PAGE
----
What We Spend On Our Own Birthdays: A Friday Chat

Ester: Happy birthday week, Nicole! How was it, overall?

Nicole: It was TWO DAYS AGO, Ester! I’m still getting used to thinking of myself as 34 years old.

Ester: I can’t understand which direction your energetic response is coming from. Are you in disbelief that I would mention your birthday, when it was already two days ago, or are you still adjusting to the fact that it was your birthday only two days ago?

Nicole: More like the assumption that my birthday week is over, when it is really just getting started.

Ester: Ah! That makes sense. So what are your plans for birthday week in progress?

Nicole: I bet savvy Billfold readers can guess my plans in about 2.5 seconds. I’m having a party in my new apartment, and I am cooking up a bunch of food. That’s really the only plan. The rest of the week is work as usual.

Ester: How much do you ordinarily spend on your own birthday? Is it an occasion for which you’ve ever gone all out?

Nicole: Rarely. I mean, I might buy the premium brownie mix for the s’mores brownies I plan to make, but most of my birthday celebrations have been pretty low-key. I have hosted the Birthday Dinner at a restaurant, the one that everyone hates in theory (we all remember Slate’s Happy Birthday, You Bastard), but it turned out okay because we all had separate checks.

I really prefer doing something like this, where I can make the food and people can come hang out and they don’t have to spend $40 or whatever on dinner. So I’m very glad I have a space to make that happen, this year!

Do you spend a lot on your own birthday?

Ester: No, I don’t, though I do know people who take their birthdays really seriously. Some of them expect others to shell out for them but some are just as happy spending the money themselves as long as it means lots of people they love get to get together to celebrate.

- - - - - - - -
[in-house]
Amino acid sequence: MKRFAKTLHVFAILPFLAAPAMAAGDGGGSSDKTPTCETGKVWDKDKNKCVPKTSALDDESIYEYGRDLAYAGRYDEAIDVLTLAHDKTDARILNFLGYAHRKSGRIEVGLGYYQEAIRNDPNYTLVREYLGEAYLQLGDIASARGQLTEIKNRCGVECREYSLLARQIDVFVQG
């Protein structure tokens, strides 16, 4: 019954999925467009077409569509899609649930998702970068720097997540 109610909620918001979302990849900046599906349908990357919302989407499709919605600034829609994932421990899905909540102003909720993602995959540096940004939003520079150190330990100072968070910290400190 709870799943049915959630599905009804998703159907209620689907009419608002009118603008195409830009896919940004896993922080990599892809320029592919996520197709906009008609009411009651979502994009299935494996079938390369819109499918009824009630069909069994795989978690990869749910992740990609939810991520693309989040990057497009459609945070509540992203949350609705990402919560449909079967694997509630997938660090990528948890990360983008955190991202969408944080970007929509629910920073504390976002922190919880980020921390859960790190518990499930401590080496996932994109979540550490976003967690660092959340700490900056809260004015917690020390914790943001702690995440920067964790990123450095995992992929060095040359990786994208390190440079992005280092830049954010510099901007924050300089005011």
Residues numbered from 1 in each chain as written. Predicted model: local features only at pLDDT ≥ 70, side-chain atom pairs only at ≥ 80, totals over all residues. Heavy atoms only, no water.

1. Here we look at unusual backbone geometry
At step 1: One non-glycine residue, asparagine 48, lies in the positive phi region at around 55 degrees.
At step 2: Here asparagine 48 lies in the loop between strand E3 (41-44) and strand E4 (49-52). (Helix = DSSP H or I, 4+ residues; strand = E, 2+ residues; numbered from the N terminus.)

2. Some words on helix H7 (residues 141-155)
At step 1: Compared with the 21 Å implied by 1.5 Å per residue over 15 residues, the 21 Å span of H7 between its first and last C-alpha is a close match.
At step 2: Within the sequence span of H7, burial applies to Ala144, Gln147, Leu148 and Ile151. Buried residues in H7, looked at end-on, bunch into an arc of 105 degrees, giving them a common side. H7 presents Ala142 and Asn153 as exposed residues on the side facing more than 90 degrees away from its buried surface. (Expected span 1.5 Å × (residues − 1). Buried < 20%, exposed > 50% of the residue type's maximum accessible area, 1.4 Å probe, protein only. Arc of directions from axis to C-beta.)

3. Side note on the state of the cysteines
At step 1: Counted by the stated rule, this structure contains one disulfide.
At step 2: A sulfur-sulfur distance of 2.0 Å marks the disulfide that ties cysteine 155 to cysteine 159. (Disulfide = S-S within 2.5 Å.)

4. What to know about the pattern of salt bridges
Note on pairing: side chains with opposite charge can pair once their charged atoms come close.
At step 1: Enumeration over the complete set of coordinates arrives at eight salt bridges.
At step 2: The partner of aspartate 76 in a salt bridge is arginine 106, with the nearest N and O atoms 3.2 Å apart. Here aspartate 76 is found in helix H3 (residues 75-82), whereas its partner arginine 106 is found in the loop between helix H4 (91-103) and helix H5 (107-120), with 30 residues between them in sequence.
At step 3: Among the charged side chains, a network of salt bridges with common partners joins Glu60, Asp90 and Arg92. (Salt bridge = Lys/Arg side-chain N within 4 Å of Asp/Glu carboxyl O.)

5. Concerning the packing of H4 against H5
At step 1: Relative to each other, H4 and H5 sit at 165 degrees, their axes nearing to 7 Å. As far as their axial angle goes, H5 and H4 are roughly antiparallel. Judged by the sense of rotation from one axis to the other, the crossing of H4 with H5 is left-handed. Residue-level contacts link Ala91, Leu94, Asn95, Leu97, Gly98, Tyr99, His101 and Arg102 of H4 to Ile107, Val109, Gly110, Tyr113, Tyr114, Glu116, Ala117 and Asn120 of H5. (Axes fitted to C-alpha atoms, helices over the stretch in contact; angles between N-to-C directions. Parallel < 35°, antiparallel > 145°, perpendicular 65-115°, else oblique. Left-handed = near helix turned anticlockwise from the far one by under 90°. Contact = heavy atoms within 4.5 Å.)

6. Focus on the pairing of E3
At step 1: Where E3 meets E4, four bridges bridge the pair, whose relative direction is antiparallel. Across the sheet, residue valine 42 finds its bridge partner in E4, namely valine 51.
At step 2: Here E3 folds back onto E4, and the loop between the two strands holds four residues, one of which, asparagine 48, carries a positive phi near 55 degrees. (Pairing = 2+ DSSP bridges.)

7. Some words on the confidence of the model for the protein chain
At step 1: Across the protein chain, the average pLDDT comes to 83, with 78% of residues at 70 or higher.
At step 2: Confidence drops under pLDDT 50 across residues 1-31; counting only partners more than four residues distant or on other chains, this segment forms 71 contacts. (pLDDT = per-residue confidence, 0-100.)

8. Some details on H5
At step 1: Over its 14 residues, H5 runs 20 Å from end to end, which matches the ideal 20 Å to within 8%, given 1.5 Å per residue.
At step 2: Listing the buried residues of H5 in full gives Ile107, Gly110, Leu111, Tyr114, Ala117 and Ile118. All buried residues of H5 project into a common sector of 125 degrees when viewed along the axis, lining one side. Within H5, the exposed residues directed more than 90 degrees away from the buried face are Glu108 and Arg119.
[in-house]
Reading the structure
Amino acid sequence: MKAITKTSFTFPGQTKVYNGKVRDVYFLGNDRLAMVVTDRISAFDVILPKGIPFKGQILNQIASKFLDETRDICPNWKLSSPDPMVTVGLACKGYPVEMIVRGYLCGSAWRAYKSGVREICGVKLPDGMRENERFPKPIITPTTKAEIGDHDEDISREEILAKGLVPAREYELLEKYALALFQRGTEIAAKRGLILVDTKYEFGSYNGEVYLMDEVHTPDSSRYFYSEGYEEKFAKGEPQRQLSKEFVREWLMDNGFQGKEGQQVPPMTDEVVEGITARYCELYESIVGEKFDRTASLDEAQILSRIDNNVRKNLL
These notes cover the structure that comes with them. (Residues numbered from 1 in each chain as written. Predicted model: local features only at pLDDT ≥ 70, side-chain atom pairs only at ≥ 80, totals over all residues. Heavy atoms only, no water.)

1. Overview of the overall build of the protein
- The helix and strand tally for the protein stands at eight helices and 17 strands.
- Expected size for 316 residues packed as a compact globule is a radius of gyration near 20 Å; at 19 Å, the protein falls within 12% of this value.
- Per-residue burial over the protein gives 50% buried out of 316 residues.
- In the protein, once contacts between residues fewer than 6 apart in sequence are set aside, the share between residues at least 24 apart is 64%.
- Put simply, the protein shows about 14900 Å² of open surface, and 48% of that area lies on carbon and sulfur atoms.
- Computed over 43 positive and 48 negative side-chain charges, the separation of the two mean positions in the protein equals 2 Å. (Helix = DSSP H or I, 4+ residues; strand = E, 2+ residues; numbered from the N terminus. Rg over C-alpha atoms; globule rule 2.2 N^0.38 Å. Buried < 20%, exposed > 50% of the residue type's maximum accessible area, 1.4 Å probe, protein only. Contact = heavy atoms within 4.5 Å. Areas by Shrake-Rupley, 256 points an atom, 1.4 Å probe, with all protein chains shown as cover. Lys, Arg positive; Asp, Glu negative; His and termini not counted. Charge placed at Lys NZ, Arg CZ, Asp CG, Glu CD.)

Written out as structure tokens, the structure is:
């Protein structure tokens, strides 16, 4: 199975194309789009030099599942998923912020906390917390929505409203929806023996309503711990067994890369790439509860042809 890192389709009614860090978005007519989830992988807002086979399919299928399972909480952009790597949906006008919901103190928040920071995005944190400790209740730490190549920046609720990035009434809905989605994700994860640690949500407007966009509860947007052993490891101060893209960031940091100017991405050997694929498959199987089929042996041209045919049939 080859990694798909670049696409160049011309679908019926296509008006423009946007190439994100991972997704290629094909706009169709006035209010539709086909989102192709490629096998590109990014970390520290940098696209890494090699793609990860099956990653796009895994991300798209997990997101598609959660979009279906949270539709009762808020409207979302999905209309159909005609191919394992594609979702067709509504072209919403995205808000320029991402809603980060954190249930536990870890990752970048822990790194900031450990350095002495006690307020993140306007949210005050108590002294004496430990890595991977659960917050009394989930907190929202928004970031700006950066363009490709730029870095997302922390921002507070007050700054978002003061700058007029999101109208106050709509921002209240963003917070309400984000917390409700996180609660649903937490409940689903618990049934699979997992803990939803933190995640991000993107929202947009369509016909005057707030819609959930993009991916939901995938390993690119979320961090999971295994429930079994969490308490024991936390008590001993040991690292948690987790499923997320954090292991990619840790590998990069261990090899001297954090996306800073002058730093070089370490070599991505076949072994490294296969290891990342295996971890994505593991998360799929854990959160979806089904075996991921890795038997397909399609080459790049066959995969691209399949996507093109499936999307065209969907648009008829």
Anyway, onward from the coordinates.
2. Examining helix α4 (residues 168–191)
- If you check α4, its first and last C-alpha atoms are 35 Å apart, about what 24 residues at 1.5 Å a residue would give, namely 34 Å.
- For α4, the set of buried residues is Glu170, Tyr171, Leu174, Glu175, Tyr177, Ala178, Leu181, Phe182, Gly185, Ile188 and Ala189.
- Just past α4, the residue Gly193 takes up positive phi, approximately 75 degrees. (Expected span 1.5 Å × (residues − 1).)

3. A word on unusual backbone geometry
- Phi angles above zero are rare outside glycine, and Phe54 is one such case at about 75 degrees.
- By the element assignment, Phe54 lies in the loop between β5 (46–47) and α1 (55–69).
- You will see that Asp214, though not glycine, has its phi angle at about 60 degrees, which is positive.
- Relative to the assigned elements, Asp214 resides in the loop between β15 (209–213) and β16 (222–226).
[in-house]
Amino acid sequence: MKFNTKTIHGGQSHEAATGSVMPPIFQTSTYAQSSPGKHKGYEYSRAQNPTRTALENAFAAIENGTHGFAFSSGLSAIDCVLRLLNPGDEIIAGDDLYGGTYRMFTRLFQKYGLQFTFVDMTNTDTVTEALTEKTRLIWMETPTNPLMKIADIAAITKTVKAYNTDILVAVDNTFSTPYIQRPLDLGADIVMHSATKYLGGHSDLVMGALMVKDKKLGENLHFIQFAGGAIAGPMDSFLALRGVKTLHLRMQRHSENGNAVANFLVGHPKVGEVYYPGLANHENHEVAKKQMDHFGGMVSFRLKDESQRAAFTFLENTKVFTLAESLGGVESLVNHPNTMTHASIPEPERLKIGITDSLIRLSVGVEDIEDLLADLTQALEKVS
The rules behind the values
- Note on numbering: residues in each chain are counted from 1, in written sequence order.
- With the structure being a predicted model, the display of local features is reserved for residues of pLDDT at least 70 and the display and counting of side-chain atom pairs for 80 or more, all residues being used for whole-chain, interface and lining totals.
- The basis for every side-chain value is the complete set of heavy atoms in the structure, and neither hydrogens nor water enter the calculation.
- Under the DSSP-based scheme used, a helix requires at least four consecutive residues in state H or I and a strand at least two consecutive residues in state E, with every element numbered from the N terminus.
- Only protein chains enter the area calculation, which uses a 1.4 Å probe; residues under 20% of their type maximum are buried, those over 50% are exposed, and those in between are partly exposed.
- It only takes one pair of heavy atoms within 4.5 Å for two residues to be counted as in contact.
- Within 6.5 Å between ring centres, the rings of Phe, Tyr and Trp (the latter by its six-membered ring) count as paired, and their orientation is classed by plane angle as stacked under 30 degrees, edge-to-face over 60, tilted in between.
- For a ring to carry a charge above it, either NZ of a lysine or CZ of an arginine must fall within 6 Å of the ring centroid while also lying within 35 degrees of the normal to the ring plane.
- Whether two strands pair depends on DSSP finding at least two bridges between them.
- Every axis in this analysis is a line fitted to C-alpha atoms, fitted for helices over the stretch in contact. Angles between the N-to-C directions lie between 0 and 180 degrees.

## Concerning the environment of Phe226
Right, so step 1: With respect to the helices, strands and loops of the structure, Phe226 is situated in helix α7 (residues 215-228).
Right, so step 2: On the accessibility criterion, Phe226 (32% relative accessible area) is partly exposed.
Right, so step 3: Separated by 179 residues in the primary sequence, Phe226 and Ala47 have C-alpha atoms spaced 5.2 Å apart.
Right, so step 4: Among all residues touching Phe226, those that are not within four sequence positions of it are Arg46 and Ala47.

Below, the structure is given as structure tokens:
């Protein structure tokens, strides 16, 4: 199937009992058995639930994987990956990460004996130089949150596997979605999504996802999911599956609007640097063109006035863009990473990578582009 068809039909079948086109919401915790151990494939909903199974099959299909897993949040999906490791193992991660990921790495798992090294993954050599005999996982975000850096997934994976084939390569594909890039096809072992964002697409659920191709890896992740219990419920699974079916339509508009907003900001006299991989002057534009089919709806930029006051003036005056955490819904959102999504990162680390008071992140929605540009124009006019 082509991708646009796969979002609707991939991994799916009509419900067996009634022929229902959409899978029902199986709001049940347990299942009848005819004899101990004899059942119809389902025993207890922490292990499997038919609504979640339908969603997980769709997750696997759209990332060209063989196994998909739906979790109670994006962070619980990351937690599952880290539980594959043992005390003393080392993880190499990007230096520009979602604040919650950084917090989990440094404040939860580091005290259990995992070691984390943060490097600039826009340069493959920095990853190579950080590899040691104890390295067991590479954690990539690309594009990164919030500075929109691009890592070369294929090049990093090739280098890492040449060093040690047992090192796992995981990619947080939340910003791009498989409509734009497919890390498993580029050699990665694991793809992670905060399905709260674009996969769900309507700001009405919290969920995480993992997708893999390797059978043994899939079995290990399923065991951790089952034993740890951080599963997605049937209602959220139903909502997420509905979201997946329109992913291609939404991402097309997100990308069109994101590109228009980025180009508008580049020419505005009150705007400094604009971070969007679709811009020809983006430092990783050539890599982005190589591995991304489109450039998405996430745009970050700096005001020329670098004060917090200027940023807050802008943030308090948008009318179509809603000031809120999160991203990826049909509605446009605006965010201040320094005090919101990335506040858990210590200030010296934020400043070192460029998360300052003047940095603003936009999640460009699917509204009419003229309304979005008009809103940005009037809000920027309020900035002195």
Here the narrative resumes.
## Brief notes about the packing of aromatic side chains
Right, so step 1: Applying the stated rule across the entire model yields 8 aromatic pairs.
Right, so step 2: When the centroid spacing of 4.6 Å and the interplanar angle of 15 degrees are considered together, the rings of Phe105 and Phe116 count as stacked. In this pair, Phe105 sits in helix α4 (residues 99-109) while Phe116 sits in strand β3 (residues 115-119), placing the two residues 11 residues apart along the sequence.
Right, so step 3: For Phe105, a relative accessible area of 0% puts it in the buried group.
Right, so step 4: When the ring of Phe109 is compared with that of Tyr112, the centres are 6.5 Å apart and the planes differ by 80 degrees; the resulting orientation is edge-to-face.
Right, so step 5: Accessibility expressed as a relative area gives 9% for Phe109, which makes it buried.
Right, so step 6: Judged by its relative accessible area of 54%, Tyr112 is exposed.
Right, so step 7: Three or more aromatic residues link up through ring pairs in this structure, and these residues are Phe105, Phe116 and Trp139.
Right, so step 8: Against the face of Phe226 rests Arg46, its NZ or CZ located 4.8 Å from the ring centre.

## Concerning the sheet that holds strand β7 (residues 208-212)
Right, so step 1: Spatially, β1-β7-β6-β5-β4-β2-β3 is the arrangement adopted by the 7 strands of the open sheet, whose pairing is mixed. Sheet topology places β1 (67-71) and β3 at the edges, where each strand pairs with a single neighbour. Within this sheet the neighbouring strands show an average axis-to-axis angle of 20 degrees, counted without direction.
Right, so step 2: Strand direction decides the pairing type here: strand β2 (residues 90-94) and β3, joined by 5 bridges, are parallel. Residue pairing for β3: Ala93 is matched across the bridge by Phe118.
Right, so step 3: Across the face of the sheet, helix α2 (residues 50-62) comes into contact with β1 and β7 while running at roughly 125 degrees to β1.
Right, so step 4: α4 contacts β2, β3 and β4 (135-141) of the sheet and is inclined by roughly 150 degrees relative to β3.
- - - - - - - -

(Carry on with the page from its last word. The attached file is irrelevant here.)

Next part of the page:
Nicole: For me it’s an interesting balance of trying to figure out how much money, if any, I’m going to spend on myself. Like, I might think, “You deserve a treat on your birthday,” but then I’ll think “THE HOLIDAYS ARE COMING, SAVE EVERY PENNY.”

Ester: Oh gosh! Don’t think that way. The money-spending part of the holidays is supposed to be about giving joy, right? Why shortchange yourself in the now, on another occasion that’s supposed to be joyous, so as to theoretically be more prepared to give joy to others in the future?

Nicole: Because I’ve done the math. I need X dollars for Christmas, and Y dollars for Thanksgiving, and there are two weeks during the holidays where I’m pretty much going to earn nothing, freelance-wise. So I have more expenses on smaller paychecks. I could have been pro-active and started saving for this back in January 2015, but … yeah, that didn’t happen, LOL.

Ester: But do those estimations include present-giving or just travel? I guess what I’m arguing is, don’t not give yourself a present so as to be able to maybe later give other people nicer presents. That just feels kind of sad to me? Especially if, as a single person, you really are responsible for taking care of yourself, you know? You don’t have some romantic other to swoop in and make you feel special with something inside a big bright box. Or am I overthinking / being presumptuous?